Since the early 1990s, Christa Sommerer and Laurent Mignonneau have been developing complex interactive installations at the crossroads between reality and virtuality, science, technology, and art, with a focus on exploring the possibilities of artificial life.
The current retrospective at the OK Linz Christa Sommerer and Laurent Mignonneau: The Artwork as a Living System offers a comprehensive overview of the Austrian-French artist duo’s oeuvre and pays tribute their life’s work as internationally active media artists, pioneers, researchers, and teachers of interactive art. They have been working in the field of computer-based installation art for a long time, conceiving novel ways to combine art and science that involve interaction, user interface design, and the exploration of artificial life and artificial intelligence.
Very early on, they used algorithms to represent not only the forms of the living, but also their evolution and growth. In fourteen installations, which are created only through the actions of the audience, man-made artificial systems are shown that exhibit behavior like natural living organisms. Technical devices originally designed by the artist couple produce virtual realities and immersive environments beyond the previous horizon of experience. Their works, now almost classics of digital art, open a new horizon in which artworks act as living systems.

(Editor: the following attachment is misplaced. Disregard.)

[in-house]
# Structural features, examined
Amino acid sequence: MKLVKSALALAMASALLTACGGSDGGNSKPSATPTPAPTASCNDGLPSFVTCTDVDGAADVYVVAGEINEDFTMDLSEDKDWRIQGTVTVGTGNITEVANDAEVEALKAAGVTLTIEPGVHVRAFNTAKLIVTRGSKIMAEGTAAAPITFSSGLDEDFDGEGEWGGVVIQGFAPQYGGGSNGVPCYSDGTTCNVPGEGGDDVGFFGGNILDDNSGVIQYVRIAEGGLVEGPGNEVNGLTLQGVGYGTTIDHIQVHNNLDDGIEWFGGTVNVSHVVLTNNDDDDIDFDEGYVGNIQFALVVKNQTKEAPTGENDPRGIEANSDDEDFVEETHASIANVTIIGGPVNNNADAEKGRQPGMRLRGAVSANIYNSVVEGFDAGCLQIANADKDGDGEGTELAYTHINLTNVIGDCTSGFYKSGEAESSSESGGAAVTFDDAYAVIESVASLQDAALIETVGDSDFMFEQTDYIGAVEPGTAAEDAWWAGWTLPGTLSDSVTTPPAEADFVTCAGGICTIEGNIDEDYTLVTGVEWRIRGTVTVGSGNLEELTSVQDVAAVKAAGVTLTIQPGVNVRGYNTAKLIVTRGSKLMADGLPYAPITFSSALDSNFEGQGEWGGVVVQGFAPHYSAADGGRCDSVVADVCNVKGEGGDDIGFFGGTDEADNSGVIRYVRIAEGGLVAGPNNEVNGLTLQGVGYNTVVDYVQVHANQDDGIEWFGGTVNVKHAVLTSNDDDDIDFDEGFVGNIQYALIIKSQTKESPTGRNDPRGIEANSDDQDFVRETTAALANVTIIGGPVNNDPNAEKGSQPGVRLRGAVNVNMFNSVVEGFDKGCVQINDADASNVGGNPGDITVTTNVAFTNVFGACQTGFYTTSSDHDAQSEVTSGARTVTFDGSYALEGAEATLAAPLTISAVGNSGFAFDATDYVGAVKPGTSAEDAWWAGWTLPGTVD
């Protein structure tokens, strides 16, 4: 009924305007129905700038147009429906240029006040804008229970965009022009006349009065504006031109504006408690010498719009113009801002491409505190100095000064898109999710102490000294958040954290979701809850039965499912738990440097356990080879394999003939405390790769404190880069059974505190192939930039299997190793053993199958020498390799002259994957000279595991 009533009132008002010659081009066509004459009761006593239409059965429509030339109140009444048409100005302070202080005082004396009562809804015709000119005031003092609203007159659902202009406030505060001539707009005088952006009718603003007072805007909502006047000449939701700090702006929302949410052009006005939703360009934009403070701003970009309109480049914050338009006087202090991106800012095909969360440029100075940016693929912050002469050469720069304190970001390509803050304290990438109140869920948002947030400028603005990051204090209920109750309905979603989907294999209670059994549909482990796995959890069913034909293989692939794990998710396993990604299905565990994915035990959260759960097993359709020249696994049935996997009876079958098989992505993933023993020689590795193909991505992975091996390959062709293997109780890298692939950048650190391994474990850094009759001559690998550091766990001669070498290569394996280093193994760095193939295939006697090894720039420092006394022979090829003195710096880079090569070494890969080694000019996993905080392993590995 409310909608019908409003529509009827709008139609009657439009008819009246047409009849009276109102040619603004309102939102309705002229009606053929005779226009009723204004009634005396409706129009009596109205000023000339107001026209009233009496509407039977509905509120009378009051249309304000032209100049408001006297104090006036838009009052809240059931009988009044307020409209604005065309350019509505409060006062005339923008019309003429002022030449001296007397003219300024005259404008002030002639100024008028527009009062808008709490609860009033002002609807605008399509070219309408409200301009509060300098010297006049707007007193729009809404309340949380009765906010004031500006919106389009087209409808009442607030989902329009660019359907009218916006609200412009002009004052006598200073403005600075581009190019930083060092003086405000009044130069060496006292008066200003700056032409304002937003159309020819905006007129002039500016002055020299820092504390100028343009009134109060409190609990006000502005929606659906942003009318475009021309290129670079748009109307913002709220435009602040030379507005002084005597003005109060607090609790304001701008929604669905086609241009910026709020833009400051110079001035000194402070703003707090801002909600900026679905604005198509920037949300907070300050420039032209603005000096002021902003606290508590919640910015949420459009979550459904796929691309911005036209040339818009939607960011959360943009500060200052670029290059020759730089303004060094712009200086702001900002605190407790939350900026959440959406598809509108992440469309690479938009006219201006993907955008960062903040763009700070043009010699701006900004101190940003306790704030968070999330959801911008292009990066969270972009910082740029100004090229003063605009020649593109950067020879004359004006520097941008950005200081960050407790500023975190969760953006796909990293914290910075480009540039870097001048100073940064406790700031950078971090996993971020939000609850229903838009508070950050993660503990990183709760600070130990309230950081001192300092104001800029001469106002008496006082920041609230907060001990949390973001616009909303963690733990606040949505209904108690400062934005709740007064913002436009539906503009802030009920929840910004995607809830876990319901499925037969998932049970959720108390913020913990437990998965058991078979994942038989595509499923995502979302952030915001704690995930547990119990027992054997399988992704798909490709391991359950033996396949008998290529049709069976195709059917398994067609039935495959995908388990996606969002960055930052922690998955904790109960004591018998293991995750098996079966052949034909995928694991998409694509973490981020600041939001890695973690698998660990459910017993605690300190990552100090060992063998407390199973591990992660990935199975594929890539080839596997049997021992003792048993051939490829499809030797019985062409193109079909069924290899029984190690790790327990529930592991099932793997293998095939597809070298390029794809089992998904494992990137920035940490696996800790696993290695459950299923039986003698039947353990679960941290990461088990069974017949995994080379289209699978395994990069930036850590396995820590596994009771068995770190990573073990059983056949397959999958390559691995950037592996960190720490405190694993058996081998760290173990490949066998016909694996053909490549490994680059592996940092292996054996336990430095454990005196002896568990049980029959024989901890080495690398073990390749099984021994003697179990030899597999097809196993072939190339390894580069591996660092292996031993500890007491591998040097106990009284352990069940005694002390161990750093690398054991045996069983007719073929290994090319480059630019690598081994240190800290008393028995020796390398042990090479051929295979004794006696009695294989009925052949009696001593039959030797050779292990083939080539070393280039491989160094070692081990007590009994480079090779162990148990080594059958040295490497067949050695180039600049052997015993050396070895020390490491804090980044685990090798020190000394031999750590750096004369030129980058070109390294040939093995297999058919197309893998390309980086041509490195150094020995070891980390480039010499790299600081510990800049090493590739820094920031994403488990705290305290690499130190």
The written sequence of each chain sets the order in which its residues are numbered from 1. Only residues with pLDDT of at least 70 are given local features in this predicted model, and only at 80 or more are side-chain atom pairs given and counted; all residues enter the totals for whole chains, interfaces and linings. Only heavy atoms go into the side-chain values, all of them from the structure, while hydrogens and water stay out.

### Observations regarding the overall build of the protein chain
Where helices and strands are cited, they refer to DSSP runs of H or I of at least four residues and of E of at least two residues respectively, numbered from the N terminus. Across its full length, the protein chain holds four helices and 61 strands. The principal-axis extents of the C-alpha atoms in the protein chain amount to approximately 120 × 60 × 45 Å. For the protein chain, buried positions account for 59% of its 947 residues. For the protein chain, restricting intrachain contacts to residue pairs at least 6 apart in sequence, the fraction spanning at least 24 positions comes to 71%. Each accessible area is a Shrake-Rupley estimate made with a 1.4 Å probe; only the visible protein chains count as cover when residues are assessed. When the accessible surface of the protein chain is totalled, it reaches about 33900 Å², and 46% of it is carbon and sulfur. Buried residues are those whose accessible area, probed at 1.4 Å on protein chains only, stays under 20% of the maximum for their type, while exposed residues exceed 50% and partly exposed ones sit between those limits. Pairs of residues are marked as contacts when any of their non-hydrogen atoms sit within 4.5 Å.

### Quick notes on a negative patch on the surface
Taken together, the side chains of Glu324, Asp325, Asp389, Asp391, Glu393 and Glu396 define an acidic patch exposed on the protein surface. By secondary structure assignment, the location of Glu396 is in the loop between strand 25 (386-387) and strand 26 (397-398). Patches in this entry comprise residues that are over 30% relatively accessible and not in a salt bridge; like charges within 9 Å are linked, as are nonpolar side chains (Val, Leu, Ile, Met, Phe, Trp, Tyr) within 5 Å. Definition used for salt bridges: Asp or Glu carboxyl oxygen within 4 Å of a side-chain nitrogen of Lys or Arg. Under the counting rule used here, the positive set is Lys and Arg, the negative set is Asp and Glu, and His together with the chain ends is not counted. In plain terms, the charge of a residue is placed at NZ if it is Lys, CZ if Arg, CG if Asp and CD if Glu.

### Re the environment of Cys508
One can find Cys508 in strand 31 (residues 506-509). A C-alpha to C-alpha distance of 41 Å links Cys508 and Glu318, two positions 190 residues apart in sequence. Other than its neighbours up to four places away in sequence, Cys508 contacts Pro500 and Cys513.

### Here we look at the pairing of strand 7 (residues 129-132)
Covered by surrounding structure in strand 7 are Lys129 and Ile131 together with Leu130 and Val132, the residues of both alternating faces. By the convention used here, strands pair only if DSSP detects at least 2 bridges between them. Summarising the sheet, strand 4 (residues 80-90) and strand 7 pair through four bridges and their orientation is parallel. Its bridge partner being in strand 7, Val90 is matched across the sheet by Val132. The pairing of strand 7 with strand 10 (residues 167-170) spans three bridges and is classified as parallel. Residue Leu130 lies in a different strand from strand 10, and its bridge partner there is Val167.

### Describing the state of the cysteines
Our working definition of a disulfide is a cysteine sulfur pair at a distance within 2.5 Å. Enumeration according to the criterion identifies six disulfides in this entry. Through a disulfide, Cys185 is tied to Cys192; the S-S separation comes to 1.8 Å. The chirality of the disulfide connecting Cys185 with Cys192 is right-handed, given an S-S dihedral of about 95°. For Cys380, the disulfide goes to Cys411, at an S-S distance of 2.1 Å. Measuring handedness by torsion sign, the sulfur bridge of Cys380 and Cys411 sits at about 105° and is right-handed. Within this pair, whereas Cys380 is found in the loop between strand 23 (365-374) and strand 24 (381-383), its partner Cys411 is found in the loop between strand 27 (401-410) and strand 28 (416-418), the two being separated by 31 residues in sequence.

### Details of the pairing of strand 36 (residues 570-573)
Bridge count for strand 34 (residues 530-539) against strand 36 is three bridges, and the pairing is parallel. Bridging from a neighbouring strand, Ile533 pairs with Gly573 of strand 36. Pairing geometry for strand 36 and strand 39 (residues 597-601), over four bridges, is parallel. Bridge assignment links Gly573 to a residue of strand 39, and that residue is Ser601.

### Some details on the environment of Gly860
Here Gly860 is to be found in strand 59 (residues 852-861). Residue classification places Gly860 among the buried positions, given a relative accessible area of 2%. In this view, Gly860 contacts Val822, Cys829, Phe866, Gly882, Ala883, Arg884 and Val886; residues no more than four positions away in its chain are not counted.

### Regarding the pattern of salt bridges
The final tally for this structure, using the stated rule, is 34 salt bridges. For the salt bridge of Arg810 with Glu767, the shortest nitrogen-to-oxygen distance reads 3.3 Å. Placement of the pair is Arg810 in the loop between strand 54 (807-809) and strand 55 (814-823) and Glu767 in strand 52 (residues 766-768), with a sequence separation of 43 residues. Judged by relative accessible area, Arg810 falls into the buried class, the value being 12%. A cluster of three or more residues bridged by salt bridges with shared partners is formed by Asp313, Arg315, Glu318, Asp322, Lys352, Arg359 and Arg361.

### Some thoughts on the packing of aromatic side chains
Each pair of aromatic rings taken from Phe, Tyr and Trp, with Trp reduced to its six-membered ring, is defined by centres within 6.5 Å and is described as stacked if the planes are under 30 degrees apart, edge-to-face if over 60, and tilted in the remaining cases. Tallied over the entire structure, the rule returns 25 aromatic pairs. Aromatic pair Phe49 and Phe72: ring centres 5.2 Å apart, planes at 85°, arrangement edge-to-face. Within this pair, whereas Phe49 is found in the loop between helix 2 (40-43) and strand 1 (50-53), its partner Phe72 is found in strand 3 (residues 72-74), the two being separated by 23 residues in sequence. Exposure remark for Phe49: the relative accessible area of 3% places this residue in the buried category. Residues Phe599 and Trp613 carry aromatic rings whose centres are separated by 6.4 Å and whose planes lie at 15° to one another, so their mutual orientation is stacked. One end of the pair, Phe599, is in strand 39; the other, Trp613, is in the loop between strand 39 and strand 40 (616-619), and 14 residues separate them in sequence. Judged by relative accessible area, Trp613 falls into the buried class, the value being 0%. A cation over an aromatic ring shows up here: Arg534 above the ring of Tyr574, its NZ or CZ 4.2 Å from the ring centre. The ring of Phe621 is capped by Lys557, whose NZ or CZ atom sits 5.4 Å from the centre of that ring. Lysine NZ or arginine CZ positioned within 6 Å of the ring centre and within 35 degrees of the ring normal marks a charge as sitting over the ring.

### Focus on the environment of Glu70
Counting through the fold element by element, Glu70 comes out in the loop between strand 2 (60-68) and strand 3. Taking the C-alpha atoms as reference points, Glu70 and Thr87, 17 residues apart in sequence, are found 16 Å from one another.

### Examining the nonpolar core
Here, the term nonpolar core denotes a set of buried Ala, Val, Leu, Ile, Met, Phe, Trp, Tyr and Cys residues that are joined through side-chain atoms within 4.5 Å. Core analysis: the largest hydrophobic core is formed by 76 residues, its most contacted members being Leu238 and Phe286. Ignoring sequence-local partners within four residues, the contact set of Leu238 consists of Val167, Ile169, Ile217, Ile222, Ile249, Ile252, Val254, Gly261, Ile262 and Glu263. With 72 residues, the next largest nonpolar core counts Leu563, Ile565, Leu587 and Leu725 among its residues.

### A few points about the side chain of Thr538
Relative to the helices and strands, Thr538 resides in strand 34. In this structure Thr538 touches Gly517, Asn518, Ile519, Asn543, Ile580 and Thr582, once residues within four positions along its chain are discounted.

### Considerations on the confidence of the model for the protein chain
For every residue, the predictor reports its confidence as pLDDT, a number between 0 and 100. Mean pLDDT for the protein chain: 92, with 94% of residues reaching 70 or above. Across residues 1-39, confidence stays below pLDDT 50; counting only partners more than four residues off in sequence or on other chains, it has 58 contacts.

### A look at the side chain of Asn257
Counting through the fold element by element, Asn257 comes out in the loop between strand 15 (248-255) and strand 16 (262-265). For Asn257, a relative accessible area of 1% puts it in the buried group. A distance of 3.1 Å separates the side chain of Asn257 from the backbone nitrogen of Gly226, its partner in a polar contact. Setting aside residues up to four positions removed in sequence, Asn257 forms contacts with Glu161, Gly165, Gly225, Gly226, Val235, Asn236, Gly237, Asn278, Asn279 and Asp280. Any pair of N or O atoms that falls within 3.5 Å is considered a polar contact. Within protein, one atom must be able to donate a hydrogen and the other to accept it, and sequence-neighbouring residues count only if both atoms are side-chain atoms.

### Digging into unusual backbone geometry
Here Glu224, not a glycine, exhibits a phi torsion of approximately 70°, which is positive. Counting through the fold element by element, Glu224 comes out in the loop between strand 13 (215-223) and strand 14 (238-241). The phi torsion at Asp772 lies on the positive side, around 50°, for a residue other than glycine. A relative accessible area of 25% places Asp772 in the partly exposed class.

At the same time, they are helping to foster the next generation of artists in this field with the “Interface Cultures” course of study they launched at the University of Art and Design Linz. Through international exchange projects with university partners, they have contributed not only to the basis for the Ars Electronica in Linz but also to continual advances in media art.
The exhibition is a co-production of the OÖ Landes-Kultur GmbH, Linz; the ZKM—Center for Art and Media, Karlsruhe; and the iMAL, Brussels. A scholarly catalogue in English will be published in the Leonardo Book Series in collaboration with MIT Press, edited by Karin Ohlenschläger, Peter Weibel, and Alfred Weidinger.